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A Nonvolatile MOSFET Memory Device Based on Mobile Protons in the Gate Dielectric

Published online by Cambridge University Press:  10 February 2011

K. Vanheusden
Affiliation:
US Air Force Research Laboratory, Kirtland AFB, NM 87117; karel@unm.edu
W.L. Warren
Affiliation:
Sandia National Laboratories, Albuquerque, NM 87185; now at DARPA/DSO, Arlington, VA 22203
D.M. Fleetwood
Affiliation:
Sandia National Laboratories, Albuquerque, NM 87185;
R.A.B. Devine
Affiliation:
CNET-France Télécom, B.P. 98, 38243 Meylan, France
B.L. Draper
Affiliation:
Sandia National Laboratories, Albuquerque, NM 87185;
J.R. Schwank
Affiliation:
Sandia National Laboratories, Albuquerque, NM 87185;
M.R. Shaneyfelt
Affiliation:
Sandia National Laboratories, Albuquerque, NM 87185;
P.S. Wlnokur
Affiliation:
Sandia National Laboratories, Albuquerque, NM 87185;
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Abstract

Ever since the introduction of the metal-oxide-silicon field-effect-transistor (MOSFET), the nature of mobile and trapped charge in the oxide layer has been studied in great detail. For example, contamination with alkali ions such as sodium, causing instability of the flat-band voltage, was a major concern in the early days of MOS fabrication. Another SiO2 impurity of particular interest is hydrogen, because of its beneficial property of passivating charge traps. In this work we show that annealing of Si/SiO2/Si structures in forming gas (Ar:H2; 95:5) above 400 °C can introduce mobile H+ ions into the SiO2 layer. These mobile protons are confined within the oxide layer, and their space-charge distribution is well controllable and easily rearrangeable by applying a gate bias, making them potentially useful for application in a reliable nonvolatile MOSFET memory device. We present speed, retention, endurance, and radiation tolerance data showing that this non-volatile memory technology can be competitive with existing Si-based non-volatile memory technologies such as Flash.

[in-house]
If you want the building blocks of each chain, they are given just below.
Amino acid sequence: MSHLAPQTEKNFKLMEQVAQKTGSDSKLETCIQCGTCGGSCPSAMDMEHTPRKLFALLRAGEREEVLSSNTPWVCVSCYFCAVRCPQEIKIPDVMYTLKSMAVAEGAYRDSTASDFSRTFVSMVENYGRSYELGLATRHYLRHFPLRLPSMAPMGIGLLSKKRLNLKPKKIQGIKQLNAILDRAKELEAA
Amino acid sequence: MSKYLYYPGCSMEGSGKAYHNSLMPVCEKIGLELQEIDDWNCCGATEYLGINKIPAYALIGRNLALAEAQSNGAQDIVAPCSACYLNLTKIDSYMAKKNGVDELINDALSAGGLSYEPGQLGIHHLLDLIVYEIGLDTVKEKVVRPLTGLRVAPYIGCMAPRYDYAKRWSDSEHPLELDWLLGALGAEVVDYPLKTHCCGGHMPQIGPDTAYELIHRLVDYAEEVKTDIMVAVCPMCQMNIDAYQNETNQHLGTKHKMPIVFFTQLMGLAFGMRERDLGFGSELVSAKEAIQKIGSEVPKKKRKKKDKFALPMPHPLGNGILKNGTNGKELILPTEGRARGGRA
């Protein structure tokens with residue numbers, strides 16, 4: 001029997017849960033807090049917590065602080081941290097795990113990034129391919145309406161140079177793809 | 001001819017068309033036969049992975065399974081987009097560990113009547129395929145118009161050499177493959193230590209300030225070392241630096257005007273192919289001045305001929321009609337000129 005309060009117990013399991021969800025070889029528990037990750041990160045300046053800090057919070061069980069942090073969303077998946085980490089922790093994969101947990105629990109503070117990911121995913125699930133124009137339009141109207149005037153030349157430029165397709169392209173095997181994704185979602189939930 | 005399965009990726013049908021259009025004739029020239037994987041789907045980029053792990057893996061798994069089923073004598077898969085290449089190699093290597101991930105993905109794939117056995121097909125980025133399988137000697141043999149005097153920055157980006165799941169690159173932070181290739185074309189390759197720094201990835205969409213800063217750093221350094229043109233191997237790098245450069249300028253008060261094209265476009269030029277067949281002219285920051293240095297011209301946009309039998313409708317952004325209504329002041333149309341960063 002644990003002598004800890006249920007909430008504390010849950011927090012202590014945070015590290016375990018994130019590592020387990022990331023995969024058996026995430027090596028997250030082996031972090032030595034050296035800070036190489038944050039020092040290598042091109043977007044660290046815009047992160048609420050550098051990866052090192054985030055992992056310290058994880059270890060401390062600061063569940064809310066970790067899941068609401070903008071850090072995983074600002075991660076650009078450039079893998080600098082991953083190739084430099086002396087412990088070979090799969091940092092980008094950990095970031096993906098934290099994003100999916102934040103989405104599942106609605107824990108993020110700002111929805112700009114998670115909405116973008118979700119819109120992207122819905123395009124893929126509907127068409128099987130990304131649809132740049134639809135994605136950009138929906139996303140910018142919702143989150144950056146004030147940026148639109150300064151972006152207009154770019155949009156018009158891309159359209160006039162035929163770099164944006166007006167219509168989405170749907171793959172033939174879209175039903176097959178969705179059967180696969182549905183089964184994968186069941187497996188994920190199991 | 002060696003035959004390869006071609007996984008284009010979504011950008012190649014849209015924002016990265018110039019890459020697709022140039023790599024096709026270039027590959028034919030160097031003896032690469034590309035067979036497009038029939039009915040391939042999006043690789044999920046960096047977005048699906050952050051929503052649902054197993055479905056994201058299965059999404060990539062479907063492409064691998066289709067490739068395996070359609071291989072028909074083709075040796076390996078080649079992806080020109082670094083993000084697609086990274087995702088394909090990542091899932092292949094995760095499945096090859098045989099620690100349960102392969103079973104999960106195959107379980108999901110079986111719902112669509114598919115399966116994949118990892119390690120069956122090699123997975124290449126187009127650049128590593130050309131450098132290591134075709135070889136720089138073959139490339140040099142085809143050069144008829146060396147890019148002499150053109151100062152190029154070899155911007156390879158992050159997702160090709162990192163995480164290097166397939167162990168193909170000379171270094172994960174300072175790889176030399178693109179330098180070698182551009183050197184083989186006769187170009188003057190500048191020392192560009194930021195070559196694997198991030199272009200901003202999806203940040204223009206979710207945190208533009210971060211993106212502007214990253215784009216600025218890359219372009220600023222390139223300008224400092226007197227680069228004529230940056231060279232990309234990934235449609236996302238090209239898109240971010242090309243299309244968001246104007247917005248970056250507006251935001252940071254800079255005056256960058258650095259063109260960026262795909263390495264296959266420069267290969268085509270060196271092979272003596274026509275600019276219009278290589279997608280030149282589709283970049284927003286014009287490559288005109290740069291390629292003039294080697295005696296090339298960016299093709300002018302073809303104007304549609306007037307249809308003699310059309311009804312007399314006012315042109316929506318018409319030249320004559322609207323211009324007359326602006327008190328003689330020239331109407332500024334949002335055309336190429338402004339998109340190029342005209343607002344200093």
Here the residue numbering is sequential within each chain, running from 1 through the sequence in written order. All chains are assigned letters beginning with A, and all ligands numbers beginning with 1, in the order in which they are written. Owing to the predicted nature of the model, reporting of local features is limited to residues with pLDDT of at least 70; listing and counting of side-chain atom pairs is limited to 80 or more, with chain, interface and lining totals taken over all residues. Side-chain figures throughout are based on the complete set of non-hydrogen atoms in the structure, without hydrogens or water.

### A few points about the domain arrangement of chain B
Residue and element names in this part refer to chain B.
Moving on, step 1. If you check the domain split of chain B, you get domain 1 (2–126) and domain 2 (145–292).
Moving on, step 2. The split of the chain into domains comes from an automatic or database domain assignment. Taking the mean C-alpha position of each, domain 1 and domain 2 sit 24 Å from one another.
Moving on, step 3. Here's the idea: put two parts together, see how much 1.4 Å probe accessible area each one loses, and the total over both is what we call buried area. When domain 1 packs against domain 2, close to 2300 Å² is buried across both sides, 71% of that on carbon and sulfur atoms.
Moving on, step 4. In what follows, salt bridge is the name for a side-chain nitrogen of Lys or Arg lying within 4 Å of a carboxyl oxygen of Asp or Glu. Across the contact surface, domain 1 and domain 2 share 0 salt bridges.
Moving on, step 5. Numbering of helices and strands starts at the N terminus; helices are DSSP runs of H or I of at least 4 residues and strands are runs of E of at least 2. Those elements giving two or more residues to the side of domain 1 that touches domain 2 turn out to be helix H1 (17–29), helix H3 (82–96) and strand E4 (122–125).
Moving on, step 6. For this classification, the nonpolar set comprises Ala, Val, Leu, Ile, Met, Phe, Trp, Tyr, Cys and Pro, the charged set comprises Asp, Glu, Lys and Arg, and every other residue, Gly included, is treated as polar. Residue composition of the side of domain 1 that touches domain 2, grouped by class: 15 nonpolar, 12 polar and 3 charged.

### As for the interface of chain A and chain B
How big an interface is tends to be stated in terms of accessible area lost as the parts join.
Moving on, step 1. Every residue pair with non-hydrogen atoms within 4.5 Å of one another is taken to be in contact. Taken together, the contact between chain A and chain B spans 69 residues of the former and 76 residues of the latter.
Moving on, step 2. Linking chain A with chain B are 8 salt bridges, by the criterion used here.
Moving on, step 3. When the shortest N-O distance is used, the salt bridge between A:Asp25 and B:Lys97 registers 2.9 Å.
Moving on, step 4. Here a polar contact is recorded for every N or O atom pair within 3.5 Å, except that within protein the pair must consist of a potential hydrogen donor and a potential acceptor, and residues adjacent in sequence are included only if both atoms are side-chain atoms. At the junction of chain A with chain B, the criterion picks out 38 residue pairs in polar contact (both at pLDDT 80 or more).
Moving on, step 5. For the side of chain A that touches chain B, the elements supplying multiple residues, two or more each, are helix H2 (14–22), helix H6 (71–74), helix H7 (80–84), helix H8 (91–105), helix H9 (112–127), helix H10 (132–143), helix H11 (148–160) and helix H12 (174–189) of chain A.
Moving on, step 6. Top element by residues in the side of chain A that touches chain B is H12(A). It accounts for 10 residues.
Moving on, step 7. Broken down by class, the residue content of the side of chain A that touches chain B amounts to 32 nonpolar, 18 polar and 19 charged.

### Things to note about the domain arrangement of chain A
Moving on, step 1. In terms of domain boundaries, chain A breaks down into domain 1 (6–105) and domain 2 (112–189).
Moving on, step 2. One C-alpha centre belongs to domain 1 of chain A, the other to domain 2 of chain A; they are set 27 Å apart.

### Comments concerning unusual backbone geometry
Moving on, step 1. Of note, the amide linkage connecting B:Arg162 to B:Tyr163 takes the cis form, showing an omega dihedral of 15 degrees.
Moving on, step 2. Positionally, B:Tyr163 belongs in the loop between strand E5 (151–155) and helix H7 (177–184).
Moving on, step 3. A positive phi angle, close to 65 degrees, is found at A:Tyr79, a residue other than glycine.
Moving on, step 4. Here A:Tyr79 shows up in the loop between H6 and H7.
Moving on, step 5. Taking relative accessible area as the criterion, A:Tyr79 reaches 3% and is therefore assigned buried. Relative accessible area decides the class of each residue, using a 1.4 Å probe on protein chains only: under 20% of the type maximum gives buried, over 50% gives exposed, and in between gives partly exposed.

The chemical kinetics of mobile-proton reactions in the SiO2 film are also analyzed in greater detail. Our data show that the initial buildup of mobile protons during hydrogen annealing is limited by the rate of lateral hydrogen diffusion into the buried SiO2 films. The final density of mobile protons is determined by the cooling rate which terminates the annealing process and, in the case of subsequent anneals, by the temperature of the final anneal. To explain the observations, we propose a dynamical equilibrium model. Based on these insights, the incorporation of the proton generation process into standard semiconductor process flows is discussed.

Type
Research Article
Copyright
Copyright © Materials Research Society 1998

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A Nonvolatile MOSFET Memory Device Based on Mobile Protons in the Gate Dielectric
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